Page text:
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Yeah, with one main copyright change to CUSMA/NAFTA2.0/USMCA (or whatever it ended up being called), there was a main part of it that'd make it illegal for a company to effectively "reverse-engineer" a product to make an adaptable product. Big implications on short-line ag manufacturers, as you could imagine for any header manufacturer (e.g. Honeybee/etc) that literally does that for a living.

Makes sense that manufacturers would not want someone messing with their stuff, or even worse, improving upon it, but at the end of the day it'll make for tougher time to get those improvements on any system, and companies with large legal teams can just sit on any sort of 'attachment manufacturer' until they go out of business (and/or buy them out for their tech for pennies on the dollar).
A little bit worrying, as it is pretty much exactly DRM'd headers.
 

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It's interesting to me that people who speak out on these issues, such as Michael Geist and Richard Stallman are seen at best as prophets of doom, accused of seeking attention. Or in the latter case, simply lambasted as being mad. But they've proven to be correct in their dire warnings about the dangers of intellectual property.

Bit of a rant here.

I know farmers probably don't care much about Google vs Oracle, but this case is about to go before the US supreme court, who is favorable to Oracle. If they decide for Oracle, this could have a ripple affect across all industries. It would close the door to any sort of reverse engineering, regardless of other laws limiting or allowing it. I hope Roberts' cool head prevails there and helps persuade his republican-leaning colleagues to rule very narrowly in this case, that Google is guilty of copying verbatim some of Oracle's files (that were not under an open source license) but not rule on the ability to implement compatible APIs. I'm not hopeful, though. This one could cause a lot of damage.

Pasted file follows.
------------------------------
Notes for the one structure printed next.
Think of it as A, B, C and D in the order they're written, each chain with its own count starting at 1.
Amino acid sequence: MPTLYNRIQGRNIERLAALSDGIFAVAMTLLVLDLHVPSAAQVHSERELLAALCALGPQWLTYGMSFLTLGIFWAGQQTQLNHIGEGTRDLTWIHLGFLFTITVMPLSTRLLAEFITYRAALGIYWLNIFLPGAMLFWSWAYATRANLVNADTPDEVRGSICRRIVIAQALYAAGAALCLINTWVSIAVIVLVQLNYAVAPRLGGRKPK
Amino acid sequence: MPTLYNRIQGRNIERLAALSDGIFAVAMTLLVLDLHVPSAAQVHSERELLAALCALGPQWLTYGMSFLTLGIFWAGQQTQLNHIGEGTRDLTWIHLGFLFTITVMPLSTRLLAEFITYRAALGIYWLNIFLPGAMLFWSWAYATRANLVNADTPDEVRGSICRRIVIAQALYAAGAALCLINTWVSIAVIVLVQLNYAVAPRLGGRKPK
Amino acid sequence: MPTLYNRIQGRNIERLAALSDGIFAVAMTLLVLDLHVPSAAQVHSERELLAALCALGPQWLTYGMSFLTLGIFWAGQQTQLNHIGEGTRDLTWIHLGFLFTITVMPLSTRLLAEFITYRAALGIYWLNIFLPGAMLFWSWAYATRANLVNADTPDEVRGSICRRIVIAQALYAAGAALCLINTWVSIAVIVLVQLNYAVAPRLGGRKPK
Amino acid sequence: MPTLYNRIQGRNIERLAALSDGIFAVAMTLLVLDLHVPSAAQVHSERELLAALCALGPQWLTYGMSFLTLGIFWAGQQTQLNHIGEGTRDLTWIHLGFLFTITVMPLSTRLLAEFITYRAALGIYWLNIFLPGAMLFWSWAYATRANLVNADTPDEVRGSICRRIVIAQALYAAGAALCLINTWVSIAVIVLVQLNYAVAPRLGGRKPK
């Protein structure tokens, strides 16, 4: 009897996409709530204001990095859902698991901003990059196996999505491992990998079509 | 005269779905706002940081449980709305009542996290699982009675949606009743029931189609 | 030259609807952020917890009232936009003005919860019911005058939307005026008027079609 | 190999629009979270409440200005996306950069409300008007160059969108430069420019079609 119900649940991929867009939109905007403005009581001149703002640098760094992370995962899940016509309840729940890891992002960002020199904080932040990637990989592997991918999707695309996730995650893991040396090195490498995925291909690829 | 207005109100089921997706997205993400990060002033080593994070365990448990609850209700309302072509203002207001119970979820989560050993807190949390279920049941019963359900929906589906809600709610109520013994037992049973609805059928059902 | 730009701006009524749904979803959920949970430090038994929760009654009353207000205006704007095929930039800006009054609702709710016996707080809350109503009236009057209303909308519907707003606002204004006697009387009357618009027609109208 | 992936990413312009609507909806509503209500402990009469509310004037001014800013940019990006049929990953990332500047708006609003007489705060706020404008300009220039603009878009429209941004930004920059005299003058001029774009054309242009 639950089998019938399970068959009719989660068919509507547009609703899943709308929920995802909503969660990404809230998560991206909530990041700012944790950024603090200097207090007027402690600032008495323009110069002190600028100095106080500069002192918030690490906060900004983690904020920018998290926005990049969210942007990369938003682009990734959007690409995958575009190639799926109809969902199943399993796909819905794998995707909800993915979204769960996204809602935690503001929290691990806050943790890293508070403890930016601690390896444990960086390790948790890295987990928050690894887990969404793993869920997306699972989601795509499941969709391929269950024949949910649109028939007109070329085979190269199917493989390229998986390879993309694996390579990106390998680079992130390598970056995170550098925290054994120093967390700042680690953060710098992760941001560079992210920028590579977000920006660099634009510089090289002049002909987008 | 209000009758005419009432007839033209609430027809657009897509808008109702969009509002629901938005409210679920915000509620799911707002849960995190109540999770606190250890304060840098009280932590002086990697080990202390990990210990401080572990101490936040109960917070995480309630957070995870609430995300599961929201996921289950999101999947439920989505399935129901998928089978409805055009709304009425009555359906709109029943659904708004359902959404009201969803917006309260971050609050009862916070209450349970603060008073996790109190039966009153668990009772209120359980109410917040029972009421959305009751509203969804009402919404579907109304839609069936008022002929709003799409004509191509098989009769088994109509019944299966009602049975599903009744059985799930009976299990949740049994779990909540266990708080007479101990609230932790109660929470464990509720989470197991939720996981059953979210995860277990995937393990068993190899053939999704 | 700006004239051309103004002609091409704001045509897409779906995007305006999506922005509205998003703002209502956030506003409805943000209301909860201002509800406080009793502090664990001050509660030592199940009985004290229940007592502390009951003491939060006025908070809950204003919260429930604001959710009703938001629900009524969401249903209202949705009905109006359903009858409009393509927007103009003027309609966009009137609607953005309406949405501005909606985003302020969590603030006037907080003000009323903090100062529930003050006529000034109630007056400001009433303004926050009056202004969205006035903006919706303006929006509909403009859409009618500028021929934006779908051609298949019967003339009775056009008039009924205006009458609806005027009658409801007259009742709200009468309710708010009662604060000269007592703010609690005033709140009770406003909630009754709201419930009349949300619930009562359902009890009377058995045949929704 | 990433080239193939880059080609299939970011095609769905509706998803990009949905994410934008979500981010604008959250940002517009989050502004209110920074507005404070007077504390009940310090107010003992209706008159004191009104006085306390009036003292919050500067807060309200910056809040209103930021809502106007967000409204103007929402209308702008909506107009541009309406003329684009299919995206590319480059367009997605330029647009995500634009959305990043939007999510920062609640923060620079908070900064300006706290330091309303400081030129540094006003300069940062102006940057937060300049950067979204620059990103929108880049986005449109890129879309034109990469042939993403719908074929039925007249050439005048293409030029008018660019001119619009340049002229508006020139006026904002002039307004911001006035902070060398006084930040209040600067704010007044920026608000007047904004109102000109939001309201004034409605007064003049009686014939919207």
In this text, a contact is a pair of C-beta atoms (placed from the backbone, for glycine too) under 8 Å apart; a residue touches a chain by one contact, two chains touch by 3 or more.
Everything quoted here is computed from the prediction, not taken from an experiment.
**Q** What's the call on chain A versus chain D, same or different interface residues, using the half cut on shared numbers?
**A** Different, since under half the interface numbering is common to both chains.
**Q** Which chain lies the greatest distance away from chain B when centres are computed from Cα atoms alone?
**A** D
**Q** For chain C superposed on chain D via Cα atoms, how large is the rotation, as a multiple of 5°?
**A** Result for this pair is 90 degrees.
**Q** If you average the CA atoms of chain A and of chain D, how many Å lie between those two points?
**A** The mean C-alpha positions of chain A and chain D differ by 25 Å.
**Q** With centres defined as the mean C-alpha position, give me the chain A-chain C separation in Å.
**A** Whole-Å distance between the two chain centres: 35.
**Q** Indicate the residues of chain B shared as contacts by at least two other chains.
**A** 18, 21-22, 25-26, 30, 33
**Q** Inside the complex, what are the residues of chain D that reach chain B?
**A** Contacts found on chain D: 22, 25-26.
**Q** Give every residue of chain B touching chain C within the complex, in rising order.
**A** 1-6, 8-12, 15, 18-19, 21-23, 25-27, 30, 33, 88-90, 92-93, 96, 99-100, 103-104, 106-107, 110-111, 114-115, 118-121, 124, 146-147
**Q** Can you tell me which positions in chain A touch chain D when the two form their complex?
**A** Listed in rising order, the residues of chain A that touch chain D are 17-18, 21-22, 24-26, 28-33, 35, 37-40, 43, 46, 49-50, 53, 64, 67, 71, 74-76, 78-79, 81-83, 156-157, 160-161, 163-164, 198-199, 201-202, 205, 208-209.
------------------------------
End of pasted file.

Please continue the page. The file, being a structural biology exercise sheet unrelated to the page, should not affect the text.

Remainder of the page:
The irony is that in the case of Deere's proprietary header interface, it comes down to simply a few codes. Numbers. It's not like there's anything really patentable there, or novel. Interoperability simply hinges on knowing what the numbers mean. It's also ironic that the intransigent attitudes of companies like Deere make it so that it's harder and more costly to own a domestically-made machine than it is to buy a machine from a country who might even be called our enemy, because the foreign machines are built using old-fashioned American ideals of self sufficiency, understandability, simplicity, repairability, and durability. And don't phone home either! (that I know of!)

Part of me wants everything to get absurd as quickly as possible so that the whole system will collapse under its own weight. Whatever you want to call our current sociopolitical and economic system, it's starting to show some cracks from stuff like this. Where's the middle ground anymore? How can one encourage companies to innovate while advancing society's knowledge and freedom as a whole? I think the founding fathers were closer to it with their thoughts about strict limits on things like patents and copyrights.
 

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Who knows, maybe the Europeans will fight back on this issue and push an open standard over there. They seem willing and able to do that kind of thing. Especially against US companies that try to push their weight around.